Fraser Coast | Things to do

Get ready for an adventure on the Fraser Coast. Swim alongside humpbacks in the whale-watching capital of the world, Hervey Bay, spot wild dingoes on the world’s largest sand island and buckle up for four-wheel driving along the beach.

Fraser Island

The world’s largest sand island is bursting with family-friendly activities. Swim in sparklingly clear freshwater lakes and creeks, like Lake McKenzie and Eli Creek, or go sand dune hiking around Lake Wabby. Go four-wheel driving through rugged bush tracks or along the beach, then pitch your tent and camp right on the sand. Swim in the fizzing waters of the Champagne rock pools, spot wild dingoes and inspect the rusting hulk of the 80-year-old Maheno shipwreck.

Whale watching

In Hervey Bay, you can cruise alongside migrating humpbacks as they make their way from Antarctica. Hear their clicks, whistles and pulsed calls with the help of special microphones and witness spectacular displays of breaching and tail flipping. For a truly unforgettable experience, find a tour where you can jump in the water and swim with them.

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Fishing

Track trevally in the flats of the Sandy Straits, fish on artificial reefs created by shipwrecks or tackle the open ocean with a deep-sea fishing charter. Show me more fishing options.

History

Step back in time and into the birthplace of a literary classic. Maryborough dates back to the mid-1800s and was the birthplace of P.L. Travers, author of Mary Poppins. The town hosts an annual festival dedicated to the beloved nanny each June/July.


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Coonarr

Burrum Coast, Fraser Coast Area
Free Entry
Coonarr Beach is a 4.2 kilometre long, east facing beach that begins amongst the tidal shoals of the Elliott River mouth, then runs straight down to the smaller mouth of Coonarr Creek. There is a gravel road out to the small beachfront settlement of Coonarr, located toward the southern end of the beach.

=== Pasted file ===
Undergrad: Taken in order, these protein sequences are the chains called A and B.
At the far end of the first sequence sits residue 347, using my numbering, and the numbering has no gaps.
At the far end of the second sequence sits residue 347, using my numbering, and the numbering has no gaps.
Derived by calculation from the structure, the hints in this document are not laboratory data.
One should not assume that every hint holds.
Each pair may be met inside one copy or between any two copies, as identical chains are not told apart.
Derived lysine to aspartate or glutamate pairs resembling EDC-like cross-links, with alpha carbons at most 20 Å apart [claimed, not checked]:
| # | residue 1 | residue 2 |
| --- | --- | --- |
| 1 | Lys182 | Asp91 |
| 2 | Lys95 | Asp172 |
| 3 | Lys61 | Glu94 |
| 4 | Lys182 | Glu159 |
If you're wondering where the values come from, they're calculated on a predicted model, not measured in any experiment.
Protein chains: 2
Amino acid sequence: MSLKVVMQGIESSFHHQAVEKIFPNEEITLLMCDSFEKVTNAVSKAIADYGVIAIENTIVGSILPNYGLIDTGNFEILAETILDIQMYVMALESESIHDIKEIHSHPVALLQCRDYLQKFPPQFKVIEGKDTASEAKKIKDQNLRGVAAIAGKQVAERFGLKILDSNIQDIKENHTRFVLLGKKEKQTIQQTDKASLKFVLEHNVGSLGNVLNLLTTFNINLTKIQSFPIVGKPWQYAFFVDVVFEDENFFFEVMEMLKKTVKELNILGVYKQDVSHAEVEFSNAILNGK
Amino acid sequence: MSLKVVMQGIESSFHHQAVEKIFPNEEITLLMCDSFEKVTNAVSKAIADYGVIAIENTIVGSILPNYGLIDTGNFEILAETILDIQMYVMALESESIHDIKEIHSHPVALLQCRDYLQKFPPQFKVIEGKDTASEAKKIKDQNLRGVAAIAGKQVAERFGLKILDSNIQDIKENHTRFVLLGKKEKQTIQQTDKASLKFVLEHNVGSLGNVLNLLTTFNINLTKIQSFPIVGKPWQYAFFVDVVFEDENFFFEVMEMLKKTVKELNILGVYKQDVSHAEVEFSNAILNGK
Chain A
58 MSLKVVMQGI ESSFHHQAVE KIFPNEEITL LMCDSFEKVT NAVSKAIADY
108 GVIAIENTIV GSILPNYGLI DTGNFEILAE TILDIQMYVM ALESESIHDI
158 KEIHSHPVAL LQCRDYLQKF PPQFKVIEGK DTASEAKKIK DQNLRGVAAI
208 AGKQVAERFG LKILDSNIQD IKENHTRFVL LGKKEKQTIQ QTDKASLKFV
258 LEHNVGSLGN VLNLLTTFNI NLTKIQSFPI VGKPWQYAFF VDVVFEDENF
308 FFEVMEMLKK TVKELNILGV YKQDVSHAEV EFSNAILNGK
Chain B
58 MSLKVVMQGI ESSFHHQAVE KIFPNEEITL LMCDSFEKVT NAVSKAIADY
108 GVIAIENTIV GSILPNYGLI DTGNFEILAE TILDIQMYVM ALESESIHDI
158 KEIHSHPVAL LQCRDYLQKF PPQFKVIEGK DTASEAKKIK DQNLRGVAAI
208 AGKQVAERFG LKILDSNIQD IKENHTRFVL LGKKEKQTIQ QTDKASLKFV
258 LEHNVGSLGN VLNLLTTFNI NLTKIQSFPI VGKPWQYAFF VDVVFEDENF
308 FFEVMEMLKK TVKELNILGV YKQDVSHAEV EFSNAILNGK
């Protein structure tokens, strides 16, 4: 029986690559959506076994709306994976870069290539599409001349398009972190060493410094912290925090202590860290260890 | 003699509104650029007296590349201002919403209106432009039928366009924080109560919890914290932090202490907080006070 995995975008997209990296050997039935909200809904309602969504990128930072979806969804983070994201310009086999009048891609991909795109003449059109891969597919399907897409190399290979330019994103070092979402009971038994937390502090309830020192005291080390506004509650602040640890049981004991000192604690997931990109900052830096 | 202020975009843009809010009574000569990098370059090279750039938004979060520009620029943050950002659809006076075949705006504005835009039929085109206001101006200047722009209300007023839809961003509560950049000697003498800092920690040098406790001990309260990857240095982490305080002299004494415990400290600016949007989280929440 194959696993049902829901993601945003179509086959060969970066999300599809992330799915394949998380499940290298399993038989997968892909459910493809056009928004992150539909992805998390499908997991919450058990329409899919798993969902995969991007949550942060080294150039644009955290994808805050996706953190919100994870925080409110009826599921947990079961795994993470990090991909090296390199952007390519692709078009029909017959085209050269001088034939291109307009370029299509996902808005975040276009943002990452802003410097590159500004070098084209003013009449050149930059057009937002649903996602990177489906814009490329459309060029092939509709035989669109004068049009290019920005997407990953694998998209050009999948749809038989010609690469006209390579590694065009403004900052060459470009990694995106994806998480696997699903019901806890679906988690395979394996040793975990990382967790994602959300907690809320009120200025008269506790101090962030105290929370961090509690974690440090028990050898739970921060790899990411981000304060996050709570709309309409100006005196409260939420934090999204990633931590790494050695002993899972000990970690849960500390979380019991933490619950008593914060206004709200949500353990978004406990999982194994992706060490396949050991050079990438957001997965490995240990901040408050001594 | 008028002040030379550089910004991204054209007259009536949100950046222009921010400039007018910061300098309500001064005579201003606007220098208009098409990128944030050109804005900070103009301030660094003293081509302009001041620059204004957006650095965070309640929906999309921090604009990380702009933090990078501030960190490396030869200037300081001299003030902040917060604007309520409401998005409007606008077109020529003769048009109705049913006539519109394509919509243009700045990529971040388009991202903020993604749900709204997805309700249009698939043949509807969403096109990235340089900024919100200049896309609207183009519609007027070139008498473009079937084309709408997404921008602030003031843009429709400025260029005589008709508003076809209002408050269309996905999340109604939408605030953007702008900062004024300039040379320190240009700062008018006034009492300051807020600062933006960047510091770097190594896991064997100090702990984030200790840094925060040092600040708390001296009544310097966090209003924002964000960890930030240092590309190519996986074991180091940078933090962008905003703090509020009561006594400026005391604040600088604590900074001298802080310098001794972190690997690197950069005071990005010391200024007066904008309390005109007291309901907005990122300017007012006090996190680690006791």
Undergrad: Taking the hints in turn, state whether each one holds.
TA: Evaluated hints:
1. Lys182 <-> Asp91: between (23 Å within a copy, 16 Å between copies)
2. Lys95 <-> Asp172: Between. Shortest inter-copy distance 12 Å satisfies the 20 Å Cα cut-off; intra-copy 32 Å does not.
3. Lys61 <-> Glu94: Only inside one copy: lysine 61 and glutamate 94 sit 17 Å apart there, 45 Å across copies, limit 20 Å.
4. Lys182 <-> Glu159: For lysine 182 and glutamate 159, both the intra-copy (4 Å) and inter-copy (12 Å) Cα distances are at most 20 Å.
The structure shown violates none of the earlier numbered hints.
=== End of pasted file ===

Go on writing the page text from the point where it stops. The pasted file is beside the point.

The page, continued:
Lake McKenzie

Fraser Island, Fraser Coast Area
Free Entry
There are many different aspects to Fraser Island, but the awe-inspiring beauty of Lake McKenzie makes it probably the most visited natural site on the island. It is a ‘perched’ lake, which means it contains only rainwater, no groundwater, is not fed by streams and does not flow to the ocean.

Eli Creek

Fraser Island, Fraser Coast Area
Free Entry
Eli Creek, the largest creek on the eastern beach of Fraser Island, pours up to four million litres of clear, fresh water into the ocean every hour. Eli Creek is a popular picnic and swimming spot, with a boardwalk that follows the creek inland through banksia and pandanus.

Three Pyramids

Lady Elliot Island, Bundaberg Area
The Three Pyramids is a collection of three coral bommies on the sheltered western side of Lady Elliot Island. Rising from the sand in depths from 20m, these coral heads attract a great variety of marine life, with each one home to a good population of reef fish and invertebrates.

Boonooroo

Great Sandy Strait, Fraser Coast Area
Boonooroo and neighbouring Tuan on Queensland's Fraser Coast are not your typical sleepy fishing hamlet - they also boast spectacular views across the Great Sandy Strait to Fraser Island, the world's largest sand island.

Great Sandy Biosphere

Great Sandy Strait, Fraser Coast Area
Free Entry
In 2009, the Great Sandy region was awarded Biosphere Reserve status by UNESCO, the global organisation that also awards World Heritage Listings. The decision gives world-wide recognition to the Fraser Coast region, neighbouring Gympie area and the Bundaberg coastline and puts it in the same class as the Galapagos Islands, the Central Amazon, the Everglades and Uluru.

The Cathedrals

Fraser Island, Fraser Coast Area
Free Entry
The Cathedrals on Fraser Island are coloured sand cliffs that have been sculpted by the wind and rain blowing in off the Pacific Ocean. The colours - red, brown, yellow and orange - are spectacular and are best viewed in the early morning light.

Lake Wabby

Fraser Island, Fraser Coast Area
Free Entry
Lake Wabby is relatively close to the ocean side of Fraser Island and unlike the other lakes, it supports several varieties of fish. It is known as both a window lake and a barrage lake. Window lakes form when the ground level falls below the water table.

Spiders Ledge

Lady Elliot Island, Bundaberg Area
Spiders Ledge is a good place to see sharks at Lady Elliot Island. The reef at this site slopes from 8 metres to 25 metres and is cut by a series of gutters and ledges. Pretty corals and abundant reef fish are found at the site, as are turtles and schools of pelagic fish.

The Blowhole

Lady Elliot Island, Bundaberg Area
Lady Elliot Island has many wonderful dive sites, but the most dramatic dive site off this coral cay would have to be The Blowhole. Located off the eastern side of the island, this spectacular L-shaped cave opens on the reef top and exits on the reef wall.
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